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Execution By Race

Some people believe capital punishment is just. Some don't. But we can all agree that deciding who lives and who dies must not be determined by the color of their skin.
Brian Stull,
Senior Staff Attorney ,
ACLU Capital Punishment Project
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September 8, 2011

When the United States Supreme Court approved death penalty statutes, it did so on the promise that race would play no role in the decision to execute a person. That, of course, mirrors society’s moral stance. Some people believe capital punishment is just. Some don’t. But we can all agree that deciding who lives and who dies must not be determined by the color of their skin.

Despite this broad agreement, our nation has failed to rid race from the decision to execute — take, for instance, the case of Marcus Robinson in North Carolina. And now, shockingly, Texas appears poised next week to execute Duane Edward Buck based on the fact that he is black.

In Texas, imposing the death penalty in capital cases comes down to one question: is the defendant going to be a “future danger” if he or she is not executed? Mr. Buck was sentenced to die based on testimony by Dr. Walter Quijano, who told jurors that Mr. Buck was more likely to pose a future danger to society because he is black. Dr. Quijano’s testimony came in 1997, more than 20 years after Texas promised the Supreme Court that “no correlation exists between the race/ethnic background of a defendant and the probability that he will be either convicted of capital murder or given the death penalty.”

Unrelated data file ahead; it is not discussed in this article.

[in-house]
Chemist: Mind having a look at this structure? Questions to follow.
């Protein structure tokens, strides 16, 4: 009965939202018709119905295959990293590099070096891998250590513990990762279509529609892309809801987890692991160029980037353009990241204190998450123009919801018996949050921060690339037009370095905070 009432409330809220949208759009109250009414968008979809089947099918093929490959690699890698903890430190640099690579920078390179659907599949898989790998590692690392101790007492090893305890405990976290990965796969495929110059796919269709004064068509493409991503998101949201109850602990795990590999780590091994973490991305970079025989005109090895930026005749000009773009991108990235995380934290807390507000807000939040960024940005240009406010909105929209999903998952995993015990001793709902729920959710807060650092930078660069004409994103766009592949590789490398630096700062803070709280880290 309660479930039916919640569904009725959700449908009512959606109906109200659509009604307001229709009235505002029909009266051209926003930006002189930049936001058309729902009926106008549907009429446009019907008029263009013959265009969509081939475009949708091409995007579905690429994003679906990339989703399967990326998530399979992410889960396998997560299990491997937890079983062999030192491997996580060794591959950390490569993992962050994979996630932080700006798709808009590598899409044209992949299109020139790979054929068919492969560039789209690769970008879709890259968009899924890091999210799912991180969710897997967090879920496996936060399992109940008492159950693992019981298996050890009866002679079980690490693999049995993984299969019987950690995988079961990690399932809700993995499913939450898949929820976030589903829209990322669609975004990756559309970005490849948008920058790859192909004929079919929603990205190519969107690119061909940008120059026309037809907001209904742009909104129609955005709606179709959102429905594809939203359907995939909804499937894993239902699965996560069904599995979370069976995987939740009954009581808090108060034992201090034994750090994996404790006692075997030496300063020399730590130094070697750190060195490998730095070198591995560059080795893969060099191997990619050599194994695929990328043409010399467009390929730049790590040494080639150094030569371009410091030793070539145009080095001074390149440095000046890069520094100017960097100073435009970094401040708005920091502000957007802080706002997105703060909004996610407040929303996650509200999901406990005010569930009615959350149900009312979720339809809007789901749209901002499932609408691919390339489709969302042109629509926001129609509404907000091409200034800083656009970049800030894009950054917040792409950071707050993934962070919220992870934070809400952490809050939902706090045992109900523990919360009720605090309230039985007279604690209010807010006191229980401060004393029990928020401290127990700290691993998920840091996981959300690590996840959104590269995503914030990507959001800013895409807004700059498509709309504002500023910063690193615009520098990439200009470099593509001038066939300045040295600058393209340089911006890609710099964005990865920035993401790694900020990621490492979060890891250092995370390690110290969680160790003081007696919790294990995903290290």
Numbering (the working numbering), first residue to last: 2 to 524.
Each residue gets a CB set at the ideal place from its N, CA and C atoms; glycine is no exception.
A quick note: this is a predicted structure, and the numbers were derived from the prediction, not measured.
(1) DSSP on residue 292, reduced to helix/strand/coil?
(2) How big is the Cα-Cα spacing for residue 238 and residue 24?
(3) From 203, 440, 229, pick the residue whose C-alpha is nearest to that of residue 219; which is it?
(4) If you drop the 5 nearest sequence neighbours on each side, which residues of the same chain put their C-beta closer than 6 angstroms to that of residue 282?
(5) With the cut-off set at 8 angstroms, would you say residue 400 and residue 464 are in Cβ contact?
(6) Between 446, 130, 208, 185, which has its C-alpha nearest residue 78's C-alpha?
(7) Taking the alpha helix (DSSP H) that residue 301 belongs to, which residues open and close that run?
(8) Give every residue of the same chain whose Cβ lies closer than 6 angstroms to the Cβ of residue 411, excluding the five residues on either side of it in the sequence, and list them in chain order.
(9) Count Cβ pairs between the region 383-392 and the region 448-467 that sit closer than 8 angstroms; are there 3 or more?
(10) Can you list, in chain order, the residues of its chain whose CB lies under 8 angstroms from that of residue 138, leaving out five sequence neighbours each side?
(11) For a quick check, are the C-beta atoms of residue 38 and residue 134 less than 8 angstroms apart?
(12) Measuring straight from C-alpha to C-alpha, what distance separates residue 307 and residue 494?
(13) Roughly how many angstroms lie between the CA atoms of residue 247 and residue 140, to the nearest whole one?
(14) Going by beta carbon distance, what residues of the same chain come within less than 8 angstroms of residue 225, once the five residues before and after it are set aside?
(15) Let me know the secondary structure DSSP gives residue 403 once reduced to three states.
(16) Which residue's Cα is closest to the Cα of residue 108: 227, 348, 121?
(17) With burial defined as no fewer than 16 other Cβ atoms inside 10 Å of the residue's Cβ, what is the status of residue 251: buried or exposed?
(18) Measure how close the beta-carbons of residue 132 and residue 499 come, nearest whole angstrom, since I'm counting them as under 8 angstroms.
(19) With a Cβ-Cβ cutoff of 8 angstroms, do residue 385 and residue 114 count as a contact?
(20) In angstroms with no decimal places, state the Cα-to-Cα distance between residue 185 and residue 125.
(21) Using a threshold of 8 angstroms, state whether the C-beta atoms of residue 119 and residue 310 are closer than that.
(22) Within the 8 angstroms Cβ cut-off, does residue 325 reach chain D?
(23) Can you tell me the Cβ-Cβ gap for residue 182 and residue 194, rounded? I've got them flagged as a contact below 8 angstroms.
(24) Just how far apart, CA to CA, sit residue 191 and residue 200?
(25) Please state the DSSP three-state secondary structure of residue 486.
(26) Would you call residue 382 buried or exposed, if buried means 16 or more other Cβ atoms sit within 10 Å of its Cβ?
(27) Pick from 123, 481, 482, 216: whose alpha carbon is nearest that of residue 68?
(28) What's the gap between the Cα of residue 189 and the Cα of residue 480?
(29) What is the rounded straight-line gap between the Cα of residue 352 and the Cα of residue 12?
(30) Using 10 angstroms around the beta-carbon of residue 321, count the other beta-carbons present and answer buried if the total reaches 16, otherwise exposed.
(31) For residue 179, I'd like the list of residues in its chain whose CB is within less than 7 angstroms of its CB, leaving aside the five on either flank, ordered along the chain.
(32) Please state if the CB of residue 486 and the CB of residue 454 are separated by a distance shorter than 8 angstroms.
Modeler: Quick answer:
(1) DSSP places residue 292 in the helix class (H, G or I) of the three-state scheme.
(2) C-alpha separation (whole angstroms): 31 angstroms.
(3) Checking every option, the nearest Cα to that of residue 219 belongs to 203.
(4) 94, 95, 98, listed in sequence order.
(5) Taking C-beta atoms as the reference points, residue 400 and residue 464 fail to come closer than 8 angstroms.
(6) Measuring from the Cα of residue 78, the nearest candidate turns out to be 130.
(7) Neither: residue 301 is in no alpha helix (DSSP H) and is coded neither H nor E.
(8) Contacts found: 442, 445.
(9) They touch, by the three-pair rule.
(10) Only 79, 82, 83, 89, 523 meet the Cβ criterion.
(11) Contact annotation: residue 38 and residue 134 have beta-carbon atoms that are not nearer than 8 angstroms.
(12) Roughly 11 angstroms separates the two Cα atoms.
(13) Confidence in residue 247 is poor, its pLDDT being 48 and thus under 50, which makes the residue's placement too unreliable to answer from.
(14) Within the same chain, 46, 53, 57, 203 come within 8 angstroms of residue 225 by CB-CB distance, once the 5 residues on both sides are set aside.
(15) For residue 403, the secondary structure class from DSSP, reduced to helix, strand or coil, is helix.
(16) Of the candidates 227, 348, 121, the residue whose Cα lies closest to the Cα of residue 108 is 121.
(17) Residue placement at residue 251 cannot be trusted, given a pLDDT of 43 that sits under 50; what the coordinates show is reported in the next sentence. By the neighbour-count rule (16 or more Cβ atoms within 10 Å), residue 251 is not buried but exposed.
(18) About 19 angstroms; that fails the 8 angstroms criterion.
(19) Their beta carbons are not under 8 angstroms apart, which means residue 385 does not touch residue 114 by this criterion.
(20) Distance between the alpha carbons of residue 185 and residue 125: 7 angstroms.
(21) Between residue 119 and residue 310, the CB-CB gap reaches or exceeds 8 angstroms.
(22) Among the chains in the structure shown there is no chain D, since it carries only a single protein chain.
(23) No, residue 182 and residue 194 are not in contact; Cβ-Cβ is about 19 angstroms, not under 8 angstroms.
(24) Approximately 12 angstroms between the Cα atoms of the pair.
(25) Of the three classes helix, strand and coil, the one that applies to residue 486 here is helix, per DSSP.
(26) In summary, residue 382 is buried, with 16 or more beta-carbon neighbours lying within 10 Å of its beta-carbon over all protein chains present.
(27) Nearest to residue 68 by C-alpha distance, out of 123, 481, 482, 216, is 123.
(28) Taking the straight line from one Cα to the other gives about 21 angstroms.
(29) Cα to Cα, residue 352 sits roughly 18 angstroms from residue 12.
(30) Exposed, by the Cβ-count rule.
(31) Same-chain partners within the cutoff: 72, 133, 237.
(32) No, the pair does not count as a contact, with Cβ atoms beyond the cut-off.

The same psychologist gave similar testimony in a total of seven Texas cases. In 2000, then-Attorney General John Cornyn did something highly unusual for a prosecutor: he called for the retrial of all seven men who had been sentenced to death based on Dr. Quijano’s testimony that their race or ethnic background made them more dangerous. This list of seven included Duane Edward Buck.

Courts granted new sentencing trials to six of those inmates, but upheld Mr. Buck’s unconstitutional death sentence on technical procedural grounds (which we have previously noted often lead to unjust results based on form over substance). Mr. Buck was therefore not granted an opportunity to have a new sentencing hearing unbiased by race. He is scheduled to be executed by the State of Texas on September 15, 2011.

Attorney General Cornyn was a vigorous defender of the death penalty in Texas, but made it clear that he wanted no part of calling for executions that were based on this kind of racism: “The people of Texas want and deserve a system that affords the same fairness to everyone.” It remains to be seen if the governor agrees.

We must not allow the execution of a man on the basis of his race. You can help to prevent this injustice: go here to urge Texas Governor Rick Perry and to the board of pardons and parole to intervene before it’s too late.

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